By Johnny Jackson
Viewers of over-the-air television have less than a week to prepare for the nationwide digital television transition.
The Federal Communications Commission (FCC) has set a June 12 deadline for full-power broadcast television stations to stop broadcasting on analog airwaves, and begin broadcasting digital signals.
FCC officials said they do not anticipate interruptions during the digital transition, which is expected to be completed by June 13. Officials added that the digital transition has been under way since the initial Feb. 17 deadline, when some stations stopped broadcasting in analog.
The switch to all-digital broadcasting, according to the FCC, will free up frequencies along the broadcast spectrum for use in public safety communications.
This weekend, local television viewers and consumers will have an opportunity to speak to FCC representatives at the Sweeties Flea Market, 2326 U.S. Highway 19/41, in Hampton. The representatives will be on hand to help consumers sign up for digital-converter box coupons as they prepare for the digital transition.
The event, which lasts from 7 a.m., until 4 p.m., today and Sunday, will include question-and-answer sessions and demonstrations on how to install a converter box to an analog television set.
"If you don't have cable or satellite, you need to have a digital-converter box or antenna," said FCC Spokesman Mark Wigfield.
Wigfield said consumers who rely on antennas to receive over-the-air broadcast signals on television sets having only analog tuners will need to obtain digital-to-analog set-top converter boxes, which receive digital signals and convert them into analog format for analog television sets. He said consumers may be able to apply for converter box coupons in order to buy and connect the digital converter.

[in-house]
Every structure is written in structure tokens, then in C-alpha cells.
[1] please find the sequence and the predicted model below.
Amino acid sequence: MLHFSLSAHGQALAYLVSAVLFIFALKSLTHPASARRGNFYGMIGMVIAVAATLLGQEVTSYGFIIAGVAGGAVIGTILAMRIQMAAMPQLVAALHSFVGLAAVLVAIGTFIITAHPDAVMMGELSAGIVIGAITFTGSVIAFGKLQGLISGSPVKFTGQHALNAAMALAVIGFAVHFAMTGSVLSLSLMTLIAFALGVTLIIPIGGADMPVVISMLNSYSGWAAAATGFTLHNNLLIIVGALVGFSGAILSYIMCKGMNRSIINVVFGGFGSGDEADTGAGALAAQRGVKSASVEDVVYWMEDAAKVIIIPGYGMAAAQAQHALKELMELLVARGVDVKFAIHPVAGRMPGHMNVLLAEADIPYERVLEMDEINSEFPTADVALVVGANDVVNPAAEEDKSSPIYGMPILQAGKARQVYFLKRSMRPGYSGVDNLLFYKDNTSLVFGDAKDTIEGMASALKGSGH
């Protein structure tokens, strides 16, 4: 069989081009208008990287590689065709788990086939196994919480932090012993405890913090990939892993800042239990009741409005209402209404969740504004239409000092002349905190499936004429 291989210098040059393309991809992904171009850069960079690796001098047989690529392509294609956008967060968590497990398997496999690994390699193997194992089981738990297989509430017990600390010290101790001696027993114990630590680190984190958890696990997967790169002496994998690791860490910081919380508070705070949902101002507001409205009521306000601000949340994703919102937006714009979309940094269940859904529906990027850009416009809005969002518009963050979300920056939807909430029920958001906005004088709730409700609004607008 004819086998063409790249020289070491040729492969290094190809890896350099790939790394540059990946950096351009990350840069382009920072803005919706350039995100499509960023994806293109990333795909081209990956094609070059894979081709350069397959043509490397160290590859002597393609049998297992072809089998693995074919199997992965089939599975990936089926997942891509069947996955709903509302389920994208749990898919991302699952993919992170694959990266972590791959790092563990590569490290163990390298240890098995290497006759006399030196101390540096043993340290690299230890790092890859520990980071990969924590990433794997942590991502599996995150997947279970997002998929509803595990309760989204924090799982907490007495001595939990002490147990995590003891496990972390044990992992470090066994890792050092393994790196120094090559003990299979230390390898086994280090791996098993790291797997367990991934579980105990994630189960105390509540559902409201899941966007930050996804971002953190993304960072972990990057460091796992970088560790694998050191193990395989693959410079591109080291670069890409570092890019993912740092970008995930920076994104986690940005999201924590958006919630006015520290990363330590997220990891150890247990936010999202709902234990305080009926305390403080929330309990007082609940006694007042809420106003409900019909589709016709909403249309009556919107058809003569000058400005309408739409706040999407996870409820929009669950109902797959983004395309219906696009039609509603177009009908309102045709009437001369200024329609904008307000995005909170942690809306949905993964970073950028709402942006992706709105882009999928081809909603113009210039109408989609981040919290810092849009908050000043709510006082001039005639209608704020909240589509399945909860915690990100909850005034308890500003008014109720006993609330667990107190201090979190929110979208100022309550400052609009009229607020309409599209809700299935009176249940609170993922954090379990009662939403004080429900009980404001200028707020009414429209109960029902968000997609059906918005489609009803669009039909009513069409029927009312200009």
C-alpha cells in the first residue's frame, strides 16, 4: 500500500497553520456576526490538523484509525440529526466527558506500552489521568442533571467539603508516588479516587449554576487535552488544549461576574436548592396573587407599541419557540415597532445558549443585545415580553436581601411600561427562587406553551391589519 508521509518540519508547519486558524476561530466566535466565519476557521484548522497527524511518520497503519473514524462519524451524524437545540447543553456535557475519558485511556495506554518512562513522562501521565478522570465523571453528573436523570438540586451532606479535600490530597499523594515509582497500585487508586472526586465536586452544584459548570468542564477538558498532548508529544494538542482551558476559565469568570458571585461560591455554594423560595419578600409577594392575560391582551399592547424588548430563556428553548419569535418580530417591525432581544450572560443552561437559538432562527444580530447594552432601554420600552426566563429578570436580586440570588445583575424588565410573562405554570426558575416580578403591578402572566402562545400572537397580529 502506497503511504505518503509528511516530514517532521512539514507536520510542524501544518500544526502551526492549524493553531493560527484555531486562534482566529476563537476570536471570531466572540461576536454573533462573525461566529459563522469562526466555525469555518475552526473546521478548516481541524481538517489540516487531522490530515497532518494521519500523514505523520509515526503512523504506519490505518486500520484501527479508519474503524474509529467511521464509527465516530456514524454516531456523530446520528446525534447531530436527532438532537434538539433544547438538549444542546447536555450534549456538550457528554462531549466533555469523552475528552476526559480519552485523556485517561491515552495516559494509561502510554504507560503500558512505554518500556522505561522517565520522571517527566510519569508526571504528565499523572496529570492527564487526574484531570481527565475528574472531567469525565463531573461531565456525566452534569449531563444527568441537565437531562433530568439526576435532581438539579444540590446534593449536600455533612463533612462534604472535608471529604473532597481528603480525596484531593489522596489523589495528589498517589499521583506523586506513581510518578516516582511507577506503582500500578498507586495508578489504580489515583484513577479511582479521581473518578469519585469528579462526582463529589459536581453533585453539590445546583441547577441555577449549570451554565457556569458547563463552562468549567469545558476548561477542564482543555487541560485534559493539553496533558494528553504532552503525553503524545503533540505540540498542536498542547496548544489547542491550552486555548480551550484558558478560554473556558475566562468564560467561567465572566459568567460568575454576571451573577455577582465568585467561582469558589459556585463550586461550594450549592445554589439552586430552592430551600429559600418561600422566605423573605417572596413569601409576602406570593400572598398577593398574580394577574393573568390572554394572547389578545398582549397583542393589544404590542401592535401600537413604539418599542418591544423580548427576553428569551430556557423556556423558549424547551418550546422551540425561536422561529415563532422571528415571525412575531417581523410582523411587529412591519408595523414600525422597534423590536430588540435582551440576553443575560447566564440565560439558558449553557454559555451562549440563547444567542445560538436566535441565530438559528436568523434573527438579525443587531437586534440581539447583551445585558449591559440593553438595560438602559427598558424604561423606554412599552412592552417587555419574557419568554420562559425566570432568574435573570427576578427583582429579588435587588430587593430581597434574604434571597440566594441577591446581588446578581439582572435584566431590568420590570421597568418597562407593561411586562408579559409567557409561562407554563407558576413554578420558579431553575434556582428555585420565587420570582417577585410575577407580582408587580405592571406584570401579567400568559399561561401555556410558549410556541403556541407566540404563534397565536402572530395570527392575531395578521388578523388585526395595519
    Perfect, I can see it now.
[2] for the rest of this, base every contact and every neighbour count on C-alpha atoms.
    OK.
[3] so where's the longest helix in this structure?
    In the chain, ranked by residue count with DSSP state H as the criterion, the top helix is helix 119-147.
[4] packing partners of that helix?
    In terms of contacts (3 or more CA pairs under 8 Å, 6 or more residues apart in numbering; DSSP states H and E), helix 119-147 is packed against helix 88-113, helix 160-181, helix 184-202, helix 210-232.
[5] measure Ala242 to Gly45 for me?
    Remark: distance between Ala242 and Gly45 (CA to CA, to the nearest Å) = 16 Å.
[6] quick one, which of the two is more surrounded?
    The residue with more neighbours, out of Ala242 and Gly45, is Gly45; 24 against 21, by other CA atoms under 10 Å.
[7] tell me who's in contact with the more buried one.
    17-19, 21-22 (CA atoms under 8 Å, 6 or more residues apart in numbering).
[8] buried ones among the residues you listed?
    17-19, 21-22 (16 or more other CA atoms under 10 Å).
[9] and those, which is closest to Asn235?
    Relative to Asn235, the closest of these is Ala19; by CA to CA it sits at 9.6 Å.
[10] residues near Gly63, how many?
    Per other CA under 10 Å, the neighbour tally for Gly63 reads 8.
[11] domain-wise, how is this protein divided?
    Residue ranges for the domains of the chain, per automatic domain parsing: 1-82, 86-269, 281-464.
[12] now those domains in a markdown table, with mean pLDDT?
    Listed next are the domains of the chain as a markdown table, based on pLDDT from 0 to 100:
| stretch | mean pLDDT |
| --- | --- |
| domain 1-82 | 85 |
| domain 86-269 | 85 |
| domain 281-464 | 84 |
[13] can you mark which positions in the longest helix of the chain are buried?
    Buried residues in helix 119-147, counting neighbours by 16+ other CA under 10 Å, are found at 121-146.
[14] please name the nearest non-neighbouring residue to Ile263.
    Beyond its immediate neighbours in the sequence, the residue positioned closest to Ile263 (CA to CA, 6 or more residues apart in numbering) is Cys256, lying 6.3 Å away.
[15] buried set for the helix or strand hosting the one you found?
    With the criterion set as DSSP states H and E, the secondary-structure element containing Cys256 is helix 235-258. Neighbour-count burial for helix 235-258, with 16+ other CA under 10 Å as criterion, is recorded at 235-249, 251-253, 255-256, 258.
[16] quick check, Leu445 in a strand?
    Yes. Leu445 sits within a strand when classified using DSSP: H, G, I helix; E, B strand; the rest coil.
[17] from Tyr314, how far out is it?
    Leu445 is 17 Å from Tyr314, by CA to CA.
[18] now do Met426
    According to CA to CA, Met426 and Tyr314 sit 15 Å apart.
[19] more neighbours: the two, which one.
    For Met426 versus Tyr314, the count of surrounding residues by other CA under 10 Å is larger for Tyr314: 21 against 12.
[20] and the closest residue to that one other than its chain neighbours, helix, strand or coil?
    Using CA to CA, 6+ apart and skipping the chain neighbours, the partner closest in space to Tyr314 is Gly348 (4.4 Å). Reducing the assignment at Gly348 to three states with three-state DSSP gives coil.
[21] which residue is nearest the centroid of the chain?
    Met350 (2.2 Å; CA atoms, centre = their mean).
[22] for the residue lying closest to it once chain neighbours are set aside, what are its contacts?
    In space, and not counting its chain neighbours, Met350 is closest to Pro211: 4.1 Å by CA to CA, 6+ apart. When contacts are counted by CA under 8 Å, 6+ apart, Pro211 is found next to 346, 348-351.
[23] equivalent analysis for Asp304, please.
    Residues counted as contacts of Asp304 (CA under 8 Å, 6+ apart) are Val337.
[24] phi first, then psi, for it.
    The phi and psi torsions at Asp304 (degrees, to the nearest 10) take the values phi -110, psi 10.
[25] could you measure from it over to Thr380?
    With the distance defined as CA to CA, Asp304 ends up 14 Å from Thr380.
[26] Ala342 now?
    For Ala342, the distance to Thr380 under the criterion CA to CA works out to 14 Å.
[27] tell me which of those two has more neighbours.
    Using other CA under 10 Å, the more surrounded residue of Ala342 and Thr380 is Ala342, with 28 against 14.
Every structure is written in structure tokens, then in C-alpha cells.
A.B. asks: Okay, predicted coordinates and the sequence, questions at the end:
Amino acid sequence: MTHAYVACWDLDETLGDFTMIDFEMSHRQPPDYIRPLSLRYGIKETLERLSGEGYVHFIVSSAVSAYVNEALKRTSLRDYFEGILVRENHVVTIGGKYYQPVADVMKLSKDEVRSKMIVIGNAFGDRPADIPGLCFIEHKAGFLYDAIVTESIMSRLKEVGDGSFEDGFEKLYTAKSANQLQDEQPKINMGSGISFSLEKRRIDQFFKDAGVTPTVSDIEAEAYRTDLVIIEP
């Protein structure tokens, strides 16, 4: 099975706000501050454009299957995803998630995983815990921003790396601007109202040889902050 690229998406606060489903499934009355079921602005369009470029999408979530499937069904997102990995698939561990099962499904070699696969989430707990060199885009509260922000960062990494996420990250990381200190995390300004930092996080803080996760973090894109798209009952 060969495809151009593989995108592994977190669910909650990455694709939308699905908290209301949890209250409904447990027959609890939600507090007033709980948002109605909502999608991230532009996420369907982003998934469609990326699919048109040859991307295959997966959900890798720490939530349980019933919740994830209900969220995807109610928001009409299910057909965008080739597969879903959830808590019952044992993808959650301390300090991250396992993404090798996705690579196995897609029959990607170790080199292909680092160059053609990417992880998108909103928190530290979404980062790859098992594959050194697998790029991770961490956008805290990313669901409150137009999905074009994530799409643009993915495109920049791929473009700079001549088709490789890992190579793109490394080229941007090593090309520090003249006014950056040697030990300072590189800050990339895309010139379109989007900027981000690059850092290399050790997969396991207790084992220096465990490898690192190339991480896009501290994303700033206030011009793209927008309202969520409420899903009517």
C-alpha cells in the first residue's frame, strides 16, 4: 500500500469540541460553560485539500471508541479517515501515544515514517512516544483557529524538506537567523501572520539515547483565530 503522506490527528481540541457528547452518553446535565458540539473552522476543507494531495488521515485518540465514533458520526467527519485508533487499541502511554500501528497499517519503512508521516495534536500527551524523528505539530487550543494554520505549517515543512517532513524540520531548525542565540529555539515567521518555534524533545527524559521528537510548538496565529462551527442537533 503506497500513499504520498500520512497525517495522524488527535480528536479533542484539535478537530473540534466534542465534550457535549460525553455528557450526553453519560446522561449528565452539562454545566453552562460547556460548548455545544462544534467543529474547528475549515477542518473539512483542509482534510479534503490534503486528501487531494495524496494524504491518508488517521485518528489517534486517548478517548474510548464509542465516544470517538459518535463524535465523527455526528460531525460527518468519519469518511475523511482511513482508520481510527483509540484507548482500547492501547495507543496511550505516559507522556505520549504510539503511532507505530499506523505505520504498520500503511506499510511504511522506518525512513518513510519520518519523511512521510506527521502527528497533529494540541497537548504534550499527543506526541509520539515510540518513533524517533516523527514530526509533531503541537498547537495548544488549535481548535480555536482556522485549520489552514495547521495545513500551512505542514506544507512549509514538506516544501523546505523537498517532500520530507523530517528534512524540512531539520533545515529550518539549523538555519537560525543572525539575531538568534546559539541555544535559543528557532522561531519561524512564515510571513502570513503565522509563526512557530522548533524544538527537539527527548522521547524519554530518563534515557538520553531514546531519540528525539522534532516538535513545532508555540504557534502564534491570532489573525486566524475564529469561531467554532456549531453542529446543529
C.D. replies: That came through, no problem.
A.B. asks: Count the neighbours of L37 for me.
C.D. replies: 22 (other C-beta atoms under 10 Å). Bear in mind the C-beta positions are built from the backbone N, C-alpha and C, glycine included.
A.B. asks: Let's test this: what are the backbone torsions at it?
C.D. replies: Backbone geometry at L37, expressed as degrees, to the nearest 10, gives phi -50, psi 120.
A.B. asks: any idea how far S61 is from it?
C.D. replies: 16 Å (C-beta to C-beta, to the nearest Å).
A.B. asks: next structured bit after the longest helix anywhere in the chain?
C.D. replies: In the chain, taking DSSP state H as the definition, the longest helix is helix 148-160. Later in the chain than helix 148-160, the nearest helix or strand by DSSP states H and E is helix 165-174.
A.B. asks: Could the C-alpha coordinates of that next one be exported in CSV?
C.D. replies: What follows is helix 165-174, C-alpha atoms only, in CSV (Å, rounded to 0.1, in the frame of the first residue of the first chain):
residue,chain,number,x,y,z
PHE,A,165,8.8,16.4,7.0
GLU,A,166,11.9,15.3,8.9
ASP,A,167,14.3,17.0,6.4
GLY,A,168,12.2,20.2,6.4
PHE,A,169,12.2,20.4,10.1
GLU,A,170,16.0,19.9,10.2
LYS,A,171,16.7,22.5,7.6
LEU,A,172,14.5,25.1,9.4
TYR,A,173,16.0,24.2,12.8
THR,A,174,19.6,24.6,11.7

Cable and satellite subscribers, he added, should ask their cable and satellite providers what they will need and when.
Additionally, the FCC has mandated that television receivers shipped inside the United States since March 2007 contain digital tuners. Television sellers and retailers must, otherwise, disclose at the point of sale whether a television receiver has an analog-only tuner.
Wigfield said some consumers may still find some changes to how they receive broadcasts once the digital transition is complete.
"The channel that you use may not change, but the actual radio frequency could change," he said.
Most digital television set-ups will automatically adjust to the appropriate frequency, he continued. Other set-ups will require the converter box be scanned.
"A lot of the stations are going to be in the higher frequencies than they were in the past," Wigfield added. "I suggest they scan the box as the stations transition."
He noted the digital television transition will not affect all television transmissions.
"Low-power television stations will still be able to broadcast over the airwaves through analog transmissions," he continued. He said there may be plans made, in the future, to convert low-power television stations to digital broadcasts.
For more, contact the FCC at 1-888-225-5322 (TTY: 1-888-835-5322), or visit the commission's Digital Television Transition web site.
On the net:
Digital Television Transition: www.dtv.gov